Remembering Dad's Best Grilling Recipes - moved from General Chowhounding board
- GrillGrate Jun 9, 2010 06:32 PM
To commemorate my dad and his grilling legacy, I decided to grill up Dad's signature dish- London Broil marinated in Catalina Dressing. It was fabulous and the taste and flavor was just as I remembered.
Happy Father's Day dad! And thank you for your great grilling!
What did your dad cook on the grill that remember the most?
Grillgrate, that is an amazing roast, and what a good idea for a topic. My Dad is an immigrant from Taiwan so the "classic" American grillout foods were never that good at my house. Frozen burger patties with all the juice cooked out of them, rump steaks roasted to an even sheen of gray through and through, and mystery meat hot dogs which were boiled before grilling. Oh, and don't forget to cover the grates with aluminum foil, can't have the food touching the dirty grates after all. Of course as a kid I enjoyed the hell out of all that stuff. Really, the sight of Dad stuffing the old charcoal grill with briquettes was enough to get everyone excited for the meal to come (except for maybe Mom).
He did grill one thing which was objectively pretty good. Chicken legs and thighs marinaded in a mixture of soy sauce, cooking wine, sugar, ginger, scallions, and a little cornstarch. Shake them dry and cook them over a low flame for about 20 minutes per side. I guess if I stumbled on this recipe nowadays I would call it teriyaki, but no one called it that back then. Sticky, juicy, and slightly sweet, this is the Dad grilling recipe that dominates my childhood memories.
My father never cooked anything more exotic than liver and onions. He was a meat and potatoes guy. He was also a guy who expected his children to eat whatever was put in front of them, with the grill being the exception. The grill transformed my father from a stern 'He Who Must Be Obeyed' type into a benevolent giver of cooked meats. Like Santa, with tongs in one hand and a Pabst Blue Ribbon in the other.
The meat was never anything other than ribs, chicken, burgers and hot dogs, but you could have whatever you wanted, as much or as little as you wanted, cooked to your specifications. I can never eat barbequed chicken without remembering how he would laugh as I scrutinized what was on the grill, asking him to turn pieces over so that I could find 'my' piece of chicken. There was no recipe (just Open Pit and a little salt and pepper), but when my father was at the grill, we were all happy.
Oh, that sounds almost like my dad's recipe for london broil, except with real beer, and mom banging pots in the kitchen because dad was ruining all that expensive meat.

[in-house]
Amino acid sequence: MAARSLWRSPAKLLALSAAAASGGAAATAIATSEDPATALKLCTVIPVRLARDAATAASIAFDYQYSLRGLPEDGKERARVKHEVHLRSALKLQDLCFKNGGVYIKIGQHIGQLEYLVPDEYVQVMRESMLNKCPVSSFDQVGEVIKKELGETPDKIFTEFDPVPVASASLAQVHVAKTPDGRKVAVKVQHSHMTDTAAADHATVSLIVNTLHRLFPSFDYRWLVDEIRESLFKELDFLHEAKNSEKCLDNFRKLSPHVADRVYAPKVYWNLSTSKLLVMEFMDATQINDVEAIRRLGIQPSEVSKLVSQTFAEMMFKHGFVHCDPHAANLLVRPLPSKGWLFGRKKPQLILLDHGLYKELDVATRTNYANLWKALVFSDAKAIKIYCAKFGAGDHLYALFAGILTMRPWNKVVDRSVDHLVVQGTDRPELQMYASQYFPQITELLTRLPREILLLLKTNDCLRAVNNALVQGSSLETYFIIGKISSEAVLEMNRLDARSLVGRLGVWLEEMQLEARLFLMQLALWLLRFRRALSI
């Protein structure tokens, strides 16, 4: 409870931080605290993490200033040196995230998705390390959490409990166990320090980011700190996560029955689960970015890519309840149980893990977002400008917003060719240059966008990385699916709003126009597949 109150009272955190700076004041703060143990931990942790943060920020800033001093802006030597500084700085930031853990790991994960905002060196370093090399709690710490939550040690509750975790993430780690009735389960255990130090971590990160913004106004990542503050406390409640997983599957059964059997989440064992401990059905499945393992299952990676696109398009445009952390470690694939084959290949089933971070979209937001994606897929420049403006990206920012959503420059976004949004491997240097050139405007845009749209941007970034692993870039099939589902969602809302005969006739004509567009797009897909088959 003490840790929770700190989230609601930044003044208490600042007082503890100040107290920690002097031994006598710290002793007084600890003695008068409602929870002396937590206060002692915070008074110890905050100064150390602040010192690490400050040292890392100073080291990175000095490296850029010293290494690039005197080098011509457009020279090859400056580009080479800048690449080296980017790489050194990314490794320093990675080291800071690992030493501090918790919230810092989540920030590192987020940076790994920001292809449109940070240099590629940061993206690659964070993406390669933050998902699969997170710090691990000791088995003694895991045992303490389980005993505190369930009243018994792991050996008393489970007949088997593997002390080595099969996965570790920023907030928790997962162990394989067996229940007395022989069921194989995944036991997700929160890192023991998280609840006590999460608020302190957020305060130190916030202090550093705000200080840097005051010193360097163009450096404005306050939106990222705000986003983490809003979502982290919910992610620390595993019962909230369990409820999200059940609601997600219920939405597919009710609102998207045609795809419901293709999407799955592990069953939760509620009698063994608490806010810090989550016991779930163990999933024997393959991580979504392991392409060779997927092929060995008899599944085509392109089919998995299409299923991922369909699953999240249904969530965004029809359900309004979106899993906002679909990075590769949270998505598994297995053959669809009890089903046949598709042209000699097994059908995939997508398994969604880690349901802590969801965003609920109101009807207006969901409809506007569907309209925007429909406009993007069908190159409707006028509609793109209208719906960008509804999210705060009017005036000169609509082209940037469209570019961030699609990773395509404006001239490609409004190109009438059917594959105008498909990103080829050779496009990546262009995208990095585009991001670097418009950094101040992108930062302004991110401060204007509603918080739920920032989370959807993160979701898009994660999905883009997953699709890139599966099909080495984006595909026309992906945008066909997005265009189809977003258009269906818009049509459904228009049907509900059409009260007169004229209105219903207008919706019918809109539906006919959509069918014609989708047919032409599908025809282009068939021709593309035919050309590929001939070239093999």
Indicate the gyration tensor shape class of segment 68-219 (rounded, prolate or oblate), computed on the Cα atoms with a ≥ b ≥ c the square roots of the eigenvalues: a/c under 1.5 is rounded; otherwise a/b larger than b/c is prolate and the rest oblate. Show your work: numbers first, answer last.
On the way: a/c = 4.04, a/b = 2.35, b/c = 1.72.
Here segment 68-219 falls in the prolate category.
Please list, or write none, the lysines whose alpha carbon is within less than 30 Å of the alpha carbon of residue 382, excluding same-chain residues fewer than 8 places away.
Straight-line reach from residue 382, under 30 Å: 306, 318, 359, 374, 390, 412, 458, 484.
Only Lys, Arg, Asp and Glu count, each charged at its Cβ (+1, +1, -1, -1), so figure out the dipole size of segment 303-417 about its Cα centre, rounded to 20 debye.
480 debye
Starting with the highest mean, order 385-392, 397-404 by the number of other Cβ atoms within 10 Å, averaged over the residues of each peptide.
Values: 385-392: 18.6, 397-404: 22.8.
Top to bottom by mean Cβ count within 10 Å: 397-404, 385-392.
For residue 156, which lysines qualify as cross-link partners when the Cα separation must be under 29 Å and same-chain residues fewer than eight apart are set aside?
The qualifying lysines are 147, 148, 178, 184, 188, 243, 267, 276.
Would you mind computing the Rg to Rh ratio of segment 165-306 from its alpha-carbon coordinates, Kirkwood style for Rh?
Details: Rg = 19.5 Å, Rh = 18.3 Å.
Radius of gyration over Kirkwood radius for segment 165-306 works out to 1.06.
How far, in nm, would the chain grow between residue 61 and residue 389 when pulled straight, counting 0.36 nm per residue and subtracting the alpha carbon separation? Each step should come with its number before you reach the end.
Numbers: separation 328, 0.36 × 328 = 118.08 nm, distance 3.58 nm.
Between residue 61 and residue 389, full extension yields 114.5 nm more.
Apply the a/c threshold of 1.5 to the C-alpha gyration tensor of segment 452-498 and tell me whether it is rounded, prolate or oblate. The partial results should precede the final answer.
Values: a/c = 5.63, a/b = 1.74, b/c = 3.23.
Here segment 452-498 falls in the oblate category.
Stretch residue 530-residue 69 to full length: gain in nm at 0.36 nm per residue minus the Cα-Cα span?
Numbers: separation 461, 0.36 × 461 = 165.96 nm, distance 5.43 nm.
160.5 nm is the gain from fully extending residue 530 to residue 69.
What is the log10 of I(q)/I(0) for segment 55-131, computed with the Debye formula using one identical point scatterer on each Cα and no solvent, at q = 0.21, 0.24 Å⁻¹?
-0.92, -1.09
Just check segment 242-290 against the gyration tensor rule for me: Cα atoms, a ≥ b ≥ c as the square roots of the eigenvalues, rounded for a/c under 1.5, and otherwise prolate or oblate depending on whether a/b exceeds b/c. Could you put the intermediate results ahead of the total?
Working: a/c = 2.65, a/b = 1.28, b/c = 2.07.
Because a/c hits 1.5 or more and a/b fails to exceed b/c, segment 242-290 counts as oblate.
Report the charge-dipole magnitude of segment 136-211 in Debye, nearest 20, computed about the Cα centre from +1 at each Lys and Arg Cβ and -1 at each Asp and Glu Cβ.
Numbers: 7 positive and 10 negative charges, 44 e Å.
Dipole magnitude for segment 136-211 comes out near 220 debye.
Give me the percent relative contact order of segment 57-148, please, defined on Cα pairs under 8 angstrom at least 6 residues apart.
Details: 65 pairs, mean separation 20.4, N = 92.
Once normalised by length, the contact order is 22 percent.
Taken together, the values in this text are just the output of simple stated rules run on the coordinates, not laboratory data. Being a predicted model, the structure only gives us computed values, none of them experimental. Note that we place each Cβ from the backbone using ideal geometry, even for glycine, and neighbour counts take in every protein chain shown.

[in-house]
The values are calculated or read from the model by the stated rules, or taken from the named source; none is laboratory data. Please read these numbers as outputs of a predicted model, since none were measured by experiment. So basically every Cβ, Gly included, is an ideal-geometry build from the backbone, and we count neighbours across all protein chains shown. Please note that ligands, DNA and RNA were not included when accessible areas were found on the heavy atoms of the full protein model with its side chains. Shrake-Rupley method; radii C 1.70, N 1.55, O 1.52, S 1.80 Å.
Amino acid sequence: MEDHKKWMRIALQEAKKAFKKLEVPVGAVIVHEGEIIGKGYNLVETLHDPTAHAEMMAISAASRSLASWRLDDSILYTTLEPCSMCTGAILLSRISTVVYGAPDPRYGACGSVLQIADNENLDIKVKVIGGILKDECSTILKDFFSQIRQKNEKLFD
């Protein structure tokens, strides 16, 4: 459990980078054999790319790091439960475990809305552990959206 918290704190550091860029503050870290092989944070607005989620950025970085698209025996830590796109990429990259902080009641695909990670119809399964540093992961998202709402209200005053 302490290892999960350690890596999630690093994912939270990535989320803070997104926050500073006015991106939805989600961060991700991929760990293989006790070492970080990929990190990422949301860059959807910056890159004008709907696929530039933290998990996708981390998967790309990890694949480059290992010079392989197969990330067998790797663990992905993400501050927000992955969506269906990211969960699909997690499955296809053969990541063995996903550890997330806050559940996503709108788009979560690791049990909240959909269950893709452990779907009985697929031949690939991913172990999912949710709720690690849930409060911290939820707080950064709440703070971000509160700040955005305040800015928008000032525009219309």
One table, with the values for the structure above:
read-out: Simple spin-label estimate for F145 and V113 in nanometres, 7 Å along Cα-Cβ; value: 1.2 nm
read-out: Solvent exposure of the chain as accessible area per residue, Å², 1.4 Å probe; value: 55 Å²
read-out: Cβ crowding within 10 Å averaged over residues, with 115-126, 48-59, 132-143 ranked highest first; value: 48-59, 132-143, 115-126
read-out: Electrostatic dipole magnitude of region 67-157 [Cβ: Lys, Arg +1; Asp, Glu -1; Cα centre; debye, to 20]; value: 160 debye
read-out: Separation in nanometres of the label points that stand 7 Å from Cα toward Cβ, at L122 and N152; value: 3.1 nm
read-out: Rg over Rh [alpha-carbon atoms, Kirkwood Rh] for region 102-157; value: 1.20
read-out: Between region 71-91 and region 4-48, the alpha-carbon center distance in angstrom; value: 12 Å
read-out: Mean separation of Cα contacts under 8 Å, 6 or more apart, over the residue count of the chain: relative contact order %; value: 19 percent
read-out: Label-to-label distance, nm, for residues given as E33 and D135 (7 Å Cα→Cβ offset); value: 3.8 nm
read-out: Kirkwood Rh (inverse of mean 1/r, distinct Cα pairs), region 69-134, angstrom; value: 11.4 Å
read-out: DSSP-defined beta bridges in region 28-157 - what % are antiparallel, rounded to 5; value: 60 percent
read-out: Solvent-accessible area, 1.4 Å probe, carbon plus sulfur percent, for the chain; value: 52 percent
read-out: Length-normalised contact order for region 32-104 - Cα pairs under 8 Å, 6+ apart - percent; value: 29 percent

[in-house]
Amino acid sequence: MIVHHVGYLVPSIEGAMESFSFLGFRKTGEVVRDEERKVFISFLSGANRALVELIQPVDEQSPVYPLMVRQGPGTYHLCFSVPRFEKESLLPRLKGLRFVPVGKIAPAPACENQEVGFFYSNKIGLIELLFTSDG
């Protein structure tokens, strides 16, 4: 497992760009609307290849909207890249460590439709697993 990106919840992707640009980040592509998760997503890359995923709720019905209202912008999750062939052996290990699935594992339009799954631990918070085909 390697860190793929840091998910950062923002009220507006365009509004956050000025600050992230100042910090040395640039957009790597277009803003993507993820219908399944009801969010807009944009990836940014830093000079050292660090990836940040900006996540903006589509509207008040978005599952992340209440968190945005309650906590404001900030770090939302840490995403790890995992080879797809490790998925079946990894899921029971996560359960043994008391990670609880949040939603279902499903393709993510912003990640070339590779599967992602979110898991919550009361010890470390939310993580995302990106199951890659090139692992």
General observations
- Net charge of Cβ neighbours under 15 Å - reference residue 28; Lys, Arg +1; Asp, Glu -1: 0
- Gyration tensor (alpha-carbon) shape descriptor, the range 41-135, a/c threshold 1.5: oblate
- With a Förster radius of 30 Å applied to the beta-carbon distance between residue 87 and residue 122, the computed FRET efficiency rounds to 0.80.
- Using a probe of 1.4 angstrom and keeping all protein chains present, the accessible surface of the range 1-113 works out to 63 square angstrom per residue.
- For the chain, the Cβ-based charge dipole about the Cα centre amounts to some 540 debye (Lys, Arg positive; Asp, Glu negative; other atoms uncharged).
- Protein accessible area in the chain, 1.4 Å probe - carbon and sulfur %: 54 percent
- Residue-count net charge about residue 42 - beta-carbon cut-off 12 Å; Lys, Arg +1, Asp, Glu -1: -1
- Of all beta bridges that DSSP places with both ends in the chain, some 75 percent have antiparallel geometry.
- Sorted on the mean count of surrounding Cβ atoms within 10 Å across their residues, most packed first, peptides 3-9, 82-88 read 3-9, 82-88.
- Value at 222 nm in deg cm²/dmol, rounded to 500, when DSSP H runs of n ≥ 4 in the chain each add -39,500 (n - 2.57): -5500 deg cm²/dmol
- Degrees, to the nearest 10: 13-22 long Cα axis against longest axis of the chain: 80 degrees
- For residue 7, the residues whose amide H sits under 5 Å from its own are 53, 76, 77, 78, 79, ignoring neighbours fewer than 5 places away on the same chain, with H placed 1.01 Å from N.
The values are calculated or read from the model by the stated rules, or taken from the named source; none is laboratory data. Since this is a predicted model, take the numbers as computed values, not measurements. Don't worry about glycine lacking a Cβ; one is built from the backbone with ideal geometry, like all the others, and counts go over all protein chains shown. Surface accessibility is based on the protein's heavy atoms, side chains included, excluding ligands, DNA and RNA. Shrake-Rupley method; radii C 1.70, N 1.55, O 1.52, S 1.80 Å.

Oh, and add in the dinner delay when he brought the smoking charred chunk to the table and sliced into it to see it was completely raw in the middle, and into the broiler it went with mom muttering curses the whole way.
My Dad made delicious BBQ chicken. He made his own sauce out of ketchup, onions, brown sugar, vinegar and a sprinkling of crushed red pepper. He also made his own basting sauce with oil and vinegar, salt, pepper and worcestershire sauce. He'd baste the chicken throughout the cooking process and add the BBQ sauce at the end, being careful not to char the chicken. Sometimes he'd add a link or two of kielbasa to the grill.
We all loved it when he BBQed his chicken and he loved cooking it.
My dad has a double sided gas grill and one side is for meat, the other for cakes and pies. He has mastered the latter and his angel food cake is fabulous.
When I was little I think the best thing he did was rotisserie chicken, and in the days before the gas grill his steaks over coals were great.
Dad did Oat-Burgers.
Charcoal Grill was lit.
Out came the mixing bowl. First came ketchup and mustard, then dried onions, then Quaker rolled oats at a 1 to 3 ratio of the beef to come.
It was all about hand mixing. Stirring the slurry of ketchup mustard onion oats. Then adding the ground beef (70/30 for sure). We would grin as our wrists entered the cold fatty meat and our fingers searched deeper to bring up and incorporate the other ingredients.,
Once mixed, it was patted into 8 ounce slabs, then grilled.
Heck yes the oatburger hung way outside of the bun, but Dad's chorus was "The bun is just the place where you can grab it.!" We had fun, and we loved it.
In the later grad school days, when poor and time stressed, I would buy 2 tubs of the smiling Quaker and make up a monthly allotment of granola and 4 ounce frozen oatburgers.
Call me Ishmael... nay.. Oatmeal-al
I grew up on a farm and we raised cattle and hogs, as well as other crops (tobacco) so we always had great meat. Every year we slaughtered a steer which had been finished on corn and grains. A local butcher cut it to our order and we also had our own hogs cut to order.
Daddy would grill steaks, cut thick, and always cooked "an extra one" in case someone got one that was not up to his specifications. That never happened, so we all got a few bites of the extra. He would brush the steaks with butter after grilling, and he had never set foot in a Ruth's Chris or Peter Luger. They were fabulous. Also cooked hamburgers and would sometimes throw a few hickory chips under them for extra flavor.
His pork specialty was center cut thick pork chops, marinated in a soy/ginger sauce. The crisped fat was the best. He would put a little "red sauce" on them, which was similar to a barbecue sauce. I miss those chops but miss him even more.
Just a good, charcoaled hamburger. Growing up in the sixties, it was a simple pleasure with remarkable flavor. I still remember sitting in a folding chair, rotating around the fire, because the wind was always blowing smoke in your face, no matter where you sat.